Transition Brockville archive

Tag : Local foods (72)

Surviving a hostile climate on local food: Michael Brownlee

Conversation Earth / Dave Gardner / 06 June 2017

A scaled-up local food system may be the only way we can feed ourselves as we weather the storm of climate change. Until now, CSAs, urban gardens and farmer’s markets have been the face of the local food movement. But Michael Brownlee, author of The Local Food Revolution: How Humanity Will Feed Itself in Uncertain Times, tells us this is not nearly enough. In this episode, the first of a two-part conversation, Brownlee shares how global industrial agriculture is failing us, and can’t adapt to the coming climate changes. He advocates relocalizing our food supply chain in order to adapt and survive.

Farming Off the Grid: May 2017 SWITCH presentation

SWITCH / 05 May 2017

Fat of the Land Farm is part of the movement towards conscious eating.

Since 2010 we have been raising animals on our small, grass-based farm in Moscow, Ontario. We raise the kind of food we want our family to eat, that means no GMO’s, no antibiotics, and no hormones. It also means respecting the nature of our livestock. Cattle graze fresh daily paddocks, pigs root up the earth in the forest, and chickens scratch and peck the pasture looking for a tasty bite. Its a regenerative systems approach that is rebuilding the health of our soil, us farmers, and our community.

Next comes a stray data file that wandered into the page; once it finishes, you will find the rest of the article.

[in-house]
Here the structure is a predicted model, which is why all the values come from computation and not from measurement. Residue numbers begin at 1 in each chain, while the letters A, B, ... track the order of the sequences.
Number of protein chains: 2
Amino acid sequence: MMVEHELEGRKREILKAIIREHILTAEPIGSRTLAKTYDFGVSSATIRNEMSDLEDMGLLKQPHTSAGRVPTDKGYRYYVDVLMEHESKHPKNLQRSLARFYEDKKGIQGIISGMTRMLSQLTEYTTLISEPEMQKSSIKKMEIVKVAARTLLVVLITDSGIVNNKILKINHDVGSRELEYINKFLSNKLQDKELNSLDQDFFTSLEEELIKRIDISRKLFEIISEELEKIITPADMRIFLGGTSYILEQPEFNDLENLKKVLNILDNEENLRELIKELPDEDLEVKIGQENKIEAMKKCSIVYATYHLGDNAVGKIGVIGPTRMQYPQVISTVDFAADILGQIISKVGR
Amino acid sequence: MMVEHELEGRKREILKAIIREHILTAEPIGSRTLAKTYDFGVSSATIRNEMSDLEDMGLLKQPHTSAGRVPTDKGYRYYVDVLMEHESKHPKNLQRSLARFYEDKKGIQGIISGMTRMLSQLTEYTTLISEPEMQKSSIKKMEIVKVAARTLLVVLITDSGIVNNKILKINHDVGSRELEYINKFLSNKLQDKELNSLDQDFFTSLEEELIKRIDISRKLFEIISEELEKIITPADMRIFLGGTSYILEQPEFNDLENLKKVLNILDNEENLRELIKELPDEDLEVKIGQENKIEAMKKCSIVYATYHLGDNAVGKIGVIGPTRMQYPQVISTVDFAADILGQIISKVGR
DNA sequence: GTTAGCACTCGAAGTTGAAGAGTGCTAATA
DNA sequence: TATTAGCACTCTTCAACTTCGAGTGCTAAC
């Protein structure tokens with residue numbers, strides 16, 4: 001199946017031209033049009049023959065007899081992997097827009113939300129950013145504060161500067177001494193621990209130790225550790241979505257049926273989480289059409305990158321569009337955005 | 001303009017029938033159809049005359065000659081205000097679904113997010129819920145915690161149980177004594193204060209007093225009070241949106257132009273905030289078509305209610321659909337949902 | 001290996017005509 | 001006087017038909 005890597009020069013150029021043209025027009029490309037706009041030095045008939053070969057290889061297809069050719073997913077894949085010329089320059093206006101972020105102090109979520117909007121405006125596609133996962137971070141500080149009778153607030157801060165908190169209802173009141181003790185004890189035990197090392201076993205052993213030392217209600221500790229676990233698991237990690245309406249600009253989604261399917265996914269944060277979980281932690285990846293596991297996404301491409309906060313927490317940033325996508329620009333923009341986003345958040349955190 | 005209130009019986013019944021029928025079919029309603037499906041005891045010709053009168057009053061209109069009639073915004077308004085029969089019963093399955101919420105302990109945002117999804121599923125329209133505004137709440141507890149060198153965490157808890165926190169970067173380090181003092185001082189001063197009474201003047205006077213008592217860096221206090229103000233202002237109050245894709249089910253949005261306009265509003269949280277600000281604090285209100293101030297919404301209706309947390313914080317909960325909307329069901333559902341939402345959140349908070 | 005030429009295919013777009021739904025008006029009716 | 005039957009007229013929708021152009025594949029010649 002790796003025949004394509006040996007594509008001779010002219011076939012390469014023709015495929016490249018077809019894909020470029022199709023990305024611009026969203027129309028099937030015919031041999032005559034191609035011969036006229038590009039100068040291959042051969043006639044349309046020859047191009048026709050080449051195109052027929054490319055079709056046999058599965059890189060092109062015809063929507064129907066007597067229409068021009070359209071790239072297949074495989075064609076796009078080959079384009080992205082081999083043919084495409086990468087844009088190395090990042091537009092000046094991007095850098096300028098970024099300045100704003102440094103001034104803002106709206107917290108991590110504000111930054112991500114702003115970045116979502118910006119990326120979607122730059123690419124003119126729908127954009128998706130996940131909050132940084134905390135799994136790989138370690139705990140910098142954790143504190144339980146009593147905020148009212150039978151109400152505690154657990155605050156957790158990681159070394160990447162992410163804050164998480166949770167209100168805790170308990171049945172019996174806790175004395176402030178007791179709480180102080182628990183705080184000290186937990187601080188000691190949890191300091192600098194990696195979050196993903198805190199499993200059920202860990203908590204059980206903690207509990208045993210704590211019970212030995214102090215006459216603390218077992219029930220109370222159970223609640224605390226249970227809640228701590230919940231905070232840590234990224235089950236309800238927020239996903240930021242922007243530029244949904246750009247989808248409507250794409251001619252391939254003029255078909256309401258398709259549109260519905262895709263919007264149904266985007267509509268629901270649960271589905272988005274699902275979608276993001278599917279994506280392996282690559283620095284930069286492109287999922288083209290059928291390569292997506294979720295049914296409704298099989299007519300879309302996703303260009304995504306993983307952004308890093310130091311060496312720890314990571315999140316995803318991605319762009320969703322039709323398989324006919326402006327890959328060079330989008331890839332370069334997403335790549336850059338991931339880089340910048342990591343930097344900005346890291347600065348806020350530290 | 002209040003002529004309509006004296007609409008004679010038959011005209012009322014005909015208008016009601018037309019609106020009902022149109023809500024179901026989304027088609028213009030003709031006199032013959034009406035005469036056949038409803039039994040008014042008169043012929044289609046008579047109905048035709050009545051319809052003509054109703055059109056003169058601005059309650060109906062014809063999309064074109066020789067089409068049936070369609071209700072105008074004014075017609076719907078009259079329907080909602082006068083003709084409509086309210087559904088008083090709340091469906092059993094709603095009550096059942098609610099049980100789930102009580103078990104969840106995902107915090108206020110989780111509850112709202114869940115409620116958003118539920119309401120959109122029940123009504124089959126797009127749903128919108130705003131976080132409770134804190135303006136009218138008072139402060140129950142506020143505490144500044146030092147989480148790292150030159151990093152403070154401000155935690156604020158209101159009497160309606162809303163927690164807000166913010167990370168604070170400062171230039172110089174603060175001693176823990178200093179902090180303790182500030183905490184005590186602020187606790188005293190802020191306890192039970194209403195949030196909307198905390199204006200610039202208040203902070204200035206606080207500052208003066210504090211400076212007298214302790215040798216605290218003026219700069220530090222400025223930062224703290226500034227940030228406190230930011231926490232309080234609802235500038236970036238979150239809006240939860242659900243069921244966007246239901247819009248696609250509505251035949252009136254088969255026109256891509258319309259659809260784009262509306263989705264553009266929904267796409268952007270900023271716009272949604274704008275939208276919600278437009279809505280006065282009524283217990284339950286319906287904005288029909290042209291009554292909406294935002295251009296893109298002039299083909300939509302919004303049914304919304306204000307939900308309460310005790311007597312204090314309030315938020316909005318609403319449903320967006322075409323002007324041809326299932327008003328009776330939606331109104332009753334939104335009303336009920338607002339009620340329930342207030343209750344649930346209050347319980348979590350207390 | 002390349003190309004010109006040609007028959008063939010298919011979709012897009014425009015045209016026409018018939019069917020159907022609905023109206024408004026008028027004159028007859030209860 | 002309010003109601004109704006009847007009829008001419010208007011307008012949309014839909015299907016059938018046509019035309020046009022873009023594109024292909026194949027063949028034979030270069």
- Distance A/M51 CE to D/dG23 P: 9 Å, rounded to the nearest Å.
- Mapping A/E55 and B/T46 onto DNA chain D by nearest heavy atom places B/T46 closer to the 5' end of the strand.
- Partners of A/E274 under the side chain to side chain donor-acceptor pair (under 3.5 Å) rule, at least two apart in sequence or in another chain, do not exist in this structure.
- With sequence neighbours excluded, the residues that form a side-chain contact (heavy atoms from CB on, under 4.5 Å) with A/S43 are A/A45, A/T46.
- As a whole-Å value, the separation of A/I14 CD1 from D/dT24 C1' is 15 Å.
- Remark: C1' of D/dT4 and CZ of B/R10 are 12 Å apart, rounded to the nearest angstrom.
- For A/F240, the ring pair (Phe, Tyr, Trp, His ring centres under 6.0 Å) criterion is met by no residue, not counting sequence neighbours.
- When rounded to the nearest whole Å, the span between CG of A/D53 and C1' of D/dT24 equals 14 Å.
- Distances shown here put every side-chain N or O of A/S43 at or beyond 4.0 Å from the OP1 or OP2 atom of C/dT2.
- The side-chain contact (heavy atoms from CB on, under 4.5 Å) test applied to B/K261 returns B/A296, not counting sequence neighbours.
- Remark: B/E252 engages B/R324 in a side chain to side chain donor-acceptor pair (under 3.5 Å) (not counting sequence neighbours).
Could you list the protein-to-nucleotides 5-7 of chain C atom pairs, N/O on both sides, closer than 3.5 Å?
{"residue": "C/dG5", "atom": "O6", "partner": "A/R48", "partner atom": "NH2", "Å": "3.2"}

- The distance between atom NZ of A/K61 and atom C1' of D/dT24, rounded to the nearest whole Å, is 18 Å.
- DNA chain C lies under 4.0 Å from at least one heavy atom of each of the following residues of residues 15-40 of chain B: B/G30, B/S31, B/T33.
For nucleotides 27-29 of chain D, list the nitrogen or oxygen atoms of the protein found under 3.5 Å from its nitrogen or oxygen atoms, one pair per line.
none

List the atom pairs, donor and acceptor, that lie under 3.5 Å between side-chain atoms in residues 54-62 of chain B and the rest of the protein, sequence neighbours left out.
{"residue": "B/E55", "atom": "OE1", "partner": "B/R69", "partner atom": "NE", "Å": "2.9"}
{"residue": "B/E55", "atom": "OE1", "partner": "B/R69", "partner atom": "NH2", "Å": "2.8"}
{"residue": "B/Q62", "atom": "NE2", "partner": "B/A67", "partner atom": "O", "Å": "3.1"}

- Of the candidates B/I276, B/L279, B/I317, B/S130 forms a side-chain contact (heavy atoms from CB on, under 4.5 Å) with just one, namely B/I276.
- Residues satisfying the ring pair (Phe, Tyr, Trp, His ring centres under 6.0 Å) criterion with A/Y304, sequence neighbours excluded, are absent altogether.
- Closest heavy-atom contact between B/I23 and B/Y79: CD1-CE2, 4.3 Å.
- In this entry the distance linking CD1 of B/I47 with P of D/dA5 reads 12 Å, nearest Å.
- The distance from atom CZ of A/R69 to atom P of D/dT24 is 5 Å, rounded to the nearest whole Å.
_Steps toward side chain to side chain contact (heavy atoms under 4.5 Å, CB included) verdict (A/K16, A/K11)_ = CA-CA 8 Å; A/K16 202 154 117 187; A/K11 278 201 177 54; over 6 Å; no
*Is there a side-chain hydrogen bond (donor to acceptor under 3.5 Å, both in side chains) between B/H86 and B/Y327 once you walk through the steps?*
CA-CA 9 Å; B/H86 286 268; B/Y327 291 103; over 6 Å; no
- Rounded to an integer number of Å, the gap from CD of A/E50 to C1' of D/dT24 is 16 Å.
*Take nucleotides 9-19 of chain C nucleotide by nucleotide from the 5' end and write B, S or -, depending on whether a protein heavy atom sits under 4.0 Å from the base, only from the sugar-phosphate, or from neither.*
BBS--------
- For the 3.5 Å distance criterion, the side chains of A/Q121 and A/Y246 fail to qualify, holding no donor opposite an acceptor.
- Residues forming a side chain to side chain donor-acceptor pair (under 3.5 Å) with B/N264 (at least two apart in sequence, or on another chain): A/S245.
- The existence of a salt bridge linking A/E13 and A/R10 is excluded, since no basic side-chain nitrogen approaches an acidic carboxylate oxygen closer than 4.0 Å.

We are proud to serve the Ottawa and Kingston areas with our farmer-direct, buying club model. Order only what you want, then meet us at the scheduled time. Avoid the confusion of the meat counter. Know exactly what you are getting and who you are getting it from. Simple.

The presentation slides from the May SWITCH Open Meeting featuring Fat of the Land Farm are now available.

[ FULL PRESENTATION ]

Ontario invests in local food access

AgriNews / 19 May 2017

On Wed., April 19, the Greenbelt Fund announced 24 local food projects that will increase access to local food across Ontario, made possible with funding from the Government of Ontario. These investments support farmers and agri-food businesses as an essential bedrock of Ontario’s economy.

Jeff Leal, Minister of Agriculture, Food and Rural Affairs, made the announcement along with Burkhard Mausberg, CEO of the Greenbelt Fund, at McLean Farms in Peterborough. This investment includes a $15,000 grant to Farms at Work to partner with Transition Town Peterborough to strengthen the impact and sustainability of Peterborough Local Food Month.

[ FULL ARTICLE ]

How pig power helped restore a local farm

NCPR / Todd Moe / 03 April 2017

Healthy food is the mantra at Funny Duck Farm, just north of Brockville in Ontario. When Samantha Klinck and her husband, Aaron, bought their 96-acre property in 2001, it hadn’t been farmed since the 1970s. Samantha said its pastures were “almost visible” in spite of the trees, brush and rubble left behind by the previous owner.